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Transphobia is my issue, too

An Editorial by Warren J. Blumenfeld

Hi, I am a gay man and my name is Warren Blumenfeld, or as my friends affectionately like to call me, "Estelle Abrams" -- honorary Jewish bisexual woman from Brooklyn. Seriously, though, Estelle embodies the feminine side of my soul -- my joyous, playful self, the creative, spontaneous, sensitive spirit that I have come to treasure and genuinely love. But this wasn't always the case.

When I was quite young, long before I learned what was considered the "proper" rules of conduct, I naively introduced Estelle to the world. Others, I was quick to discover, feared and even despised her. Children called her names like "queer," "sissy," "fairy," "pansy," "fagot," "little girl," with an incredible vehemence and malice that I did not understand.

Adults hated her too. Soon after I introduced Estelle to my parents, they sent me to a child psychiatrist when I was only five years old and continuing over the next eight years, in their attempt to kill Estelle, to exorcise her in the hope of forever eliminating all contact, all vestiges, all memory of her ever being a part of me.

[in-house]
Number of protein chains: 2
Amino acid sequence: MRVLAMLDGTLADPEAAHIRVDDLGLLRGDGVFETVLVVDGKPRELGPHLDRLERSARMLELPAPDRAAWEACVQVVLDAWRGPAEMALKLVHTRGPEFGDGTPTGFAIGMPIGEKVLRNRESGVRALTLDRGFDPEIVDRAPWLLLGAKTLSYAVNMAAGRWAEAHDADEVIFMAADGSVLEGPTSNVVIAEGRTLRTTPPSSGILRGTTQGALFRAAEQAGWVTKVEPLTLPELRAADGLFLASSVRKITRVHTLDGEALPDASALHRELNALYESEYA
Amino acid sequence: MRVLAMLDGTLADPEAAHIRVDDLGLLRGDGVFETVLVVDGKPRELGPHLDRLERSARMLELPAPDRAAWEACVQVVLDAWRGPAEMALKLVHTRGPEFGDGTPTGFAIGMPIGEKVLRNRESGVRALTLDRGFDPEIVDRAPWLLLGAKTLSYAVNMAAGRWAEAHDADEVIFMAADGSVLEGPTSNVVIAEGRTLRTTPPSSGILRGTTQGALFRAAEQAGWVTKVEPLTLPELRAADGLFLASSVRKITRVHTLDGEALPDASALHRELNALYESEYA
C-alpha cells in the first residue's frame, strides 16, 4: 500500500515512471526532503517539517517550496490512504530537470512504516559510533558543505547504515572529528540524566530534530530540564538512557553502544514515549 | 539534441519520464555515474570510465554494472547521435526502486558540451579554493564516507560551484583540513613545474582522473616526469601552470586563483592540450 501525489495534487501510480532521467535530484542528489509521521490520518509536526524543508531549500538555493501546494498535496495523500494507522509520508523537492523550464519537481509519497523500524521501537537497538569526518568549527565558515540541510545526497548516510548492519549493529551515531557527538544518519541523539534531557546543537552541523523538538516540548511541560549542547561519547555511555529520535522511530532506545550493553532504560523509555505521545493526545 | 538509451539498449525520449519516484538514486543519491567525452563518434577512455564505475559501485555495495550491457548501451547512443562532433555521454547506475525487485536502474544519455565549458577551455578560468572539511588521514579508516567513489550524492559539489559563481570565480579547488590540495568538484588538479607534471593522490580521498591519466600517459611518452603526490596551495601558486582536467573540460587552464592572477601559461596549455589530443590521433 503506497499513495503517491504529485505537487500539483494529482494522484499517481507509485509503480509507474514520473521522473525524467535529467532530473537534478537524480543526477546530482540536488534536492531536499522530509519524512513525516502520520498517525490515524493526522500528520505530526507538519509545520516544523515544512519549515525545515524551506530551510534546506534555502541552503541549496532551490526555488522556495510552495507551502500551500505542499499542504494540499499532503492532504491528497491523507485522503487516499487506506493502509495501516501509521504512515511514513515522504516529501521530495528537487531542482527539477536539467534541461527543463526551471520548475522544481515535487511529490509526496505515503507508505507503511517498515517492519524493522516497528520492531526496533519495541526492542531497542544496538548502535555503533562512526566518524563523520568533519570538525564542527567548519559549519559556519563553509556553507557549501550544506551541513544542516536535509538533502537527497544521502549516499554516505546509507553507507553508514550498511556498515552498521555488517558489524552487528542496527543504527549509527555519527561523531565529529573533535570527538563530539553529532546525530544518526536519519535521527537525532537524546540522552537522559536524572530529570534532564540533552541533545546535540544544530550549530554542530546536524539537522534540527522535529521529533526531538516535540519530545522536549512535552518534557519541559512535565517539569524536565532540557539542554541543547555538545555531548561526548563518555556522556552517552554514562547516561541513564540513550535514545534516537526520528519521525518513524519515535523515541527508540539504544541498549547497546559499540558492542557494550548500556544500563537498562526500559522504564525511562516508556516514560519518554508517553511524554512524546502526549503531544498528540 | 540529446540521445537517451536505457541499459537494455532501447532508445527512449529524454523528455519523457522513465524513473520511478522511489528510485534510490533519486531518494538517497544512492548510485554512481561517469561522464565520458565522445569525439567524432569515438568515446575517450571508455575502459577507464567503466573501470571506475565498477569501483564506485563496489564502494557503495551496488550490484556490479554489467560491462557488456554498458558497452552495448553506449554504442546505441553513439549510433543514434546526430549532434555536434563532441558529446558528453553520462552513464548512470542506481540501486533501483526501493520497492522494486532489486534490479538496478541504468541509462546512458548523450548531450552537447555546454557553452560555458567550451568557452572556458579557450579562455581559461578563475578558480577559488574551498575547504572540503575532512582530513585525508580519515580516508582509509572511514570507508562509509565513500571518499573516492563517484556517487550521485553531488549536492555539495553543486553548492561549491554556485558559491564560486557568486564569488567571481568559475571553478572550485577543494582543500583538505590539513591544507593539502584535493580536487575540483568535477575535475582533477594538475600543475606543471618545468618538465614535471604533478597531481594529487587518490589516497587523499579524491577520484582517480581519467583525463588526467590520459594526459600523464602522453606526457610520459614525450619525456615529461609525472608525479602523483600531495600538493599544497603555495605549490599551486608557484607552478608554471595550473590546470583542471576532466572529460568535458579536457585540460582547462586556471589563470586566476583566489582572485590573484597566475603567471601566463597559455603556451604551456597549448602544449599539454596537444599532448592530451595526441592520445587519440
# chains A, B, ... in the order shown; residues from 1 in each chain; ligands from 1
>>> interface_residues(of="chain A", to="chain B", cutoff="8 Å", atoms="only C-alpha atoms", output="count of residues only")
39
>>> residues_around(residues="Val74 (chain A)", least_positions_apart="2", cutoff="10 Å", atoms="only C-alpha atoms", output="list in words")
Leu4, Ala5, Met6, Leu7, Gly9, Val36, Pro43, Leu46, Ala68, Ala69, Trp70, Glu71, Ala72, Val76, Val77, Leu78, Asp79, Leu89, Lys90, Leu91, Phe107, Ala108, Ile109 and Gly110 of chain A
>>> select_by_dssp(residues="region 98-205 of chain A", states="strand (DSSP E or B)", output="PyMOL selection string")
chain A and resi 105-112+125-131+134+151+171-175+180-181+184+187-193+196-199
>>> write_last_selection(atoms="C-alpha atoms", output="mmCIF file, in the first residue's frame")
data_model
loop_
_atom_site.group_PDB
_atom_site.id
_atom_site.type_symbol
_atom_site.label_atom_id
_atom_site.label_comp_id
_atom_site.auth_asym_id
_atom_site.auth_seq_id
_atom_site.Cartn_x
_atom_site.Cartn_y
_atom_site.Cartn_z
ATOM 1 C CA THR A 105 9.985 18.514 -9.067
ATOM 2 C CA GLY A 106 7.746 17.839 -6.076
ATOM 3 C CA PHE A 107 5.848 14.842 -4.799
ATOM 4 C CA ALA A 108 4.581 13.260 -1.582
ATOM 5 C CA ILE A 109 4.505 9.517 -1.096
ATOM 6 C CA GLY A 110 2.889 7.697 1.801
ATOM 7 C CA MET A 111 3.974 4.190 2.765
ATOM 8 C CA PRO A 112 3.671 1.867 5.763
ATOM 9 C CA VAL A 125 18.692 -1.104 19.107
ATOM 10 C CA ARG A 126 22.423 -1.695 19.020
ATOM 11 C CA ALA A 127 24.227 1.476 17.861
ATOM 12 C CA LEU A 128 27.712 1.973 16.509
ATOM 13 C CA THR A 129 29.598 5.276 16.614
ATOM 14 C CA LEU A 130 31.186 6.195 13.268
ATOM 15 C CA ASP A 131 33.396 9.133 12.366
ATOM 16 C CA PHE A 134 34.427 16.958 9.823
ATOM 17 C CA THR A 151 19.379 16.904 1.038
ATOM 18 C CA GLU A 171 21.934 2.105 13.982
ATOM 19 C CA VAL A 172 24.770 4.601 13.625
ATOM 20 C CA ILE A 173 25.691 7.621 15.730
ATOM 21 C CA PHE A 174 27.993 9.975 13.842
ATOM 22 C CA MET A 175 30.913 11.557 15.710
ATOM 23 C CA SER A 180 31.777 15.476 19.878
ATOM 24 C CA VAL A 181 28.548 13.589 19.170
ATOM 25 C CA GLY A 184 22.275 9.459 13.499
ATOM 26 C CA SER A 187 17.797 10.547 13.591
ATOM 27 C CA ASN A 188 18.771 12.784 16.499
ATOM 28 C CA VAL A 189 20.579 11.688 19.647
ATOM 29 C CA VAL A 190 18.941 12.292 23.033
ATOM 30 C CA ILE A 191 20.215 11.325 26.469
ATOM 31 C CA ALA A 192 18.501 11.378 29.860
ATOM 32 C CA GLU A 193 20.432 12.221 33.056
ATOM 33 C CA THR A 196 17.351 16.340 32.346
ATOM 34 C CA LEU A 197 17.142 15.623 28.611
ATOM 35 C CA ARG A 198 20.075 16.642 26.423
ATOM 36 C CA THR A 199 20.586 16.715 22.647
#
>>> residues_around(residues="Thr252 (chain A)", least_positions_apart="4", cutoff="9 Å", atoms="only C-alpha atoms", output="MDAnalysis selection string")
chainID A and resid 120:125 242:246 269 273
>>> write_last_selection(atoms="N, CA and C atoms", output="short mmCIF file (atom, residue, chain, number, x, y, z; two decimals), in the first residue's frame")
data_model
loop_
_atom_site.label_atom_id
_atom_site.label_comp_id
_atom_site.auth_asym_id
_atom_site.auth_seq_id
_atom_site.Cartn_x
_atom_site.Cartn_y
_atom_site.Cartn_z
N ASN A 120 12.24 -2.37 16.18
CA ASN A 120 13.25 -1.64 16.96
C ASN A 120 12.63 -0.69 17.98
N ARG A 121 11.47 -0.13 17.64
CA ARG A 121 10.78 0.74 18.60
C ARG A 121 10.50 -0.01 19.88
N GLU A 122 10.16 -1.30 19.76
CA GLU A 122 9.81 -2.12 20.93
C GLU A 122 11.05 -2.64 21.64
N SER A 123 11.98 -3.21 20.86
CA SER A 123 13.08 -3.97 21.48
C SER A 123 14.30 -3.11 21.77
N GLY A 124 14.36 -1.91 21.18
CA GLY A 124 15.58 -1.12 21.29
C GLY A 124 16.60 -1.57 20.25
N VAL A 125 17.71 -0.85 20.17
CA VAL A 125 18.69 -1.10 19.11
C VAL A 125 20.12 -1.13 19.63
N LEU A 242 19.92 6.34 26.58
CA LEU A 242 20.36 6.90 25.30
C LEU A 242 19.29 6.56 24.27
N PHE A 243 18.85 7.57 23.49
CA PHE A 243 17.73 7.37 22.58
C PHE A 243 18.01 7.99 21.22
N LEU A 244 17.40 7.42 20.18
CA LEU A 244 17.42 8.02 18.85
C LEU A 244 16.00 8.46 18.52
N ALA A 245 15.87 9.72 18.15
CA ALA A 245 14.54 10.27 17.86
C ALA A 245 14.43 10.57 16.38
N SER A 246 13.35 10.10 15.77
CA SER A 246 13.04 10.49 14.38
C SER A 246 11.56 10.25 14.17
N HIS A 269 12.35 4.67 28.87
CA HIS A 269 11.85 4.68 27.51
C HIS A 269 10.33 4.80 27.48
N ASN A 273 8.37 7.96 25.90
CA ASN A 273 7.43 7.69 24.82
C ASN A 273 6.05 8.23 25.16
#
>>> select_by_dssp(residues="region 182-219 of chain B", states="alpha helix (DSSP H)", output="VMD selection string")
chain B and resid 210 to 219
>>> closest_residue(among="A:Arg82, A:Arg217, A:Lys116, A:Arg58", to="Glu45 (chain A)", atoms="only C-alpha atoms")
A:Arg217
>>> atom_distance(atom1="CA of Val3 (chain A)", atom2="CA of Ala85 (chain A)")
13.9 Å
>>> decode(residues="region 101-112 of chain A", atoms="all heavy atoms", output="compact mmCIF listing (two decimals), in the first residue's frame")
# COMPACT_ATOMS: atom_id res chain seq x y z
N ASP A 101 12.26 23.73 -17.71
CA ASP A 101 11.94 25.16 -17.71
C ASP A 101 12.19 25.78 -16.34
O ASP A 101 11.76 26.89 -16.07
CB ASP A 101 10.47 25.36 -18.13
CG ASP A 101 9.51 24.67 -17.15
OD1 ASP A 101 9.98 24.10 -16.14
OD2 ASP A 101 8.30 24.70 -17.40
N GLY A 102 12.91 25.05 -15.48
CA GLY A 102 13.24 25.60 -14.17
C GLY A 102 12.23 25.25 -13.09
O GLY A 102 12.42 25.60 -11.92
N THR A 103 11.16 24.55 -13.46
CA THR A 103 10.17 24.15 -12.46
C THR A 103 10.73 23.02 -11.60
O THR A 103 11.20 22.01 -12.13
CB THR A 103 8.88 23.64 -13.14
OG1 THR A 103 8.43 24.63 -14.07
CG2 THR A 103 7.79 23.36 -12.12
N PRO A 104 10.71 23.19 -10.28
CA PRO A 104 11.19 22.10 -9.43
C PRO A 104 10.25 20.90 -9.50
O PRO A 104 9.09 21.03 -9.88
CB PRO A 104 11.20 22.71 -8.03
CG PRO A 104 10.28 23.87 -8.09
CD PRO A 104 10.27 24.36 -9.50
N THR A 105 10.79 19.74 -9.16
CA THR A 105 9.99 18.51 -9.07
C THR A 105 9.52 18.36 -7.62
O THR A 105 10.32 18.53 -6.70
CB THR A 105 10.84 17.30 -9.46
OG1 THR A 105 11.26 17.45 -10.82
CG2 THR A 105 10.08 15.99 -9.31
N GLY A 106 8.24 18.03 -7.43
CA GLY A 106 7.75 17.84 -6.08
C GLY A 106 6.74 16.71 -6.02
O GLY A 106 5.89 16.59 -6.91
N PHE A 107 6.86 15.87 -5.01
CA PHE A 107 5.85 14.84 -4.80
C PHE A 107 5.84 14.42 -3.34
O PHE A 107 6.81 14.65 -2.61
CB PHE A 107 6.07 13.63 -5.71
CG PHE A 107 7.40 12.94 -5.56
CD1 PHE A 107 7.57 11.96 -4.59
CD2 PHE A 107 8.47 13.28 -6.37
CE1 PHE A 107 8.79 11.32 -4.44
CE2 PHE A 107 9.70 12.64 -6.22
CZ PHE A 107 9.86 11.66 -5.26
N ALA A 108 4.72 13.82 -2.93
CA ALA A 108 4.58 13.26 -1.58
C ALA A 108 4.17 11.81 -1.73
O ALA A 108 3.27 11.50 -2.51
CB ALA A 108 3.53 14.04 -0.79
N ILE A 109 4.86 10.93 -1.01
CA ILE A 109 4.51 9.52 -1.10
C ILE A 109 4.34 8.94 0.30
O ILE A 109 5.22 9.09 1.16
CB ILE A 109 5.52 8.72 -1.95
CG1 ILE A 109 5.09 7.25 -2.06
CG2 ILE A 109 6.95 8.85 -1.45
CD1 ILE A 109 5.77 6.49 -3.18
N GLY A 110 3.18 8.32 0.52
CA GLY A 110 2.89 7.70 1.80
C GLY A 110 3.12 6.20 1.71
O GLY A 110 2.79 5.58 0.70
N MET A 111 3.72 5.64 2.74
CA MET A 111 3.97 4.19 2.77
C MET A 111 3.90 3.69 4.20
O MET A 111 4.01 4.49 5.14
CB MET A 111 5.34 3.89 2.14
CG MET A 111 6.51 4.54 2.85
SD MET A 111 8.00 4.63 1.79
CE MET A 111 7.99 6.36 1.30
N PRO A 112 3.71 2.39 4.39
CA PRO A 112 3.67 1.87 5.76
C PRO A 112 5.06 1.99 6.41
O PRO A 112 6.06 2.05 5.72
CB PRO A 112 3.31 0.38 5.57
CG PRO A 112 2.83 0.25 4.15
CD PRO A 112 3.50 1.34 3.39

All this taught me to cloak her from the sun's exposing rays, to keep her well concealed deep within my consciousness, to summons her only during those rare but precious moments of tranquil and safe solitude.

The forces that set out to kill Estelle -- those societal battalions bent on destroying all signs of femininity in every male -- nearly succeeded in coercing me into denouncing her, but through some power more potent than they, Estelle was victorious in fending off their attacks. Being mightier and more willful, she stayed with me through times of torment and times of treatment. Even when I began to loose trust and to doubt her, she never gave up on me.

The good news is that Estelle not only survived, but she thrives in me today. Each day I am alive, I thank her for the extraordinary gifts she gives to me. Her presence not only enriches me, but also gives special meaning to my life, and for that I am truly lucky.

Some have asked me, "What was that energy, that force empowering Estelle to repel her would-be executioners?" Quite simply, it was a vision -- a vision of social transformation articulated by feminists and later by early gay liberationists during Estelle's youth.

Earlier -- much earlier -- in the Middle Ages, the fairies -- those men accused of same-sex eroticism -- were rounded up, bound, tossed on the ground as if kindling, and set ablaze igniting women accused of witchcraft who were secured above. Later, the reverse would be true. Catching the spark of feminist thought and theory, fairies joined together exploding conventional notions of gender, most notably definitions of masculinity.

In 1993, during the National March for Gay, Lesbian, and Bisexual Rights in Washington, D.C., I attended a reunion of the Gay Liberation Front, D.C., which -- over twenty-three years prior -- formed the leading edge of a movement rising like a phoenix from the ashes of the Stonewall Inn in New York City.

We held early meetings at Grace Church, the Washington Free Clinic in Georgetown, and All Souls Church on 16th Street, until we rented a brownstone on S Street, in Northwest for the establishment of a Gay Liberation Front living collective.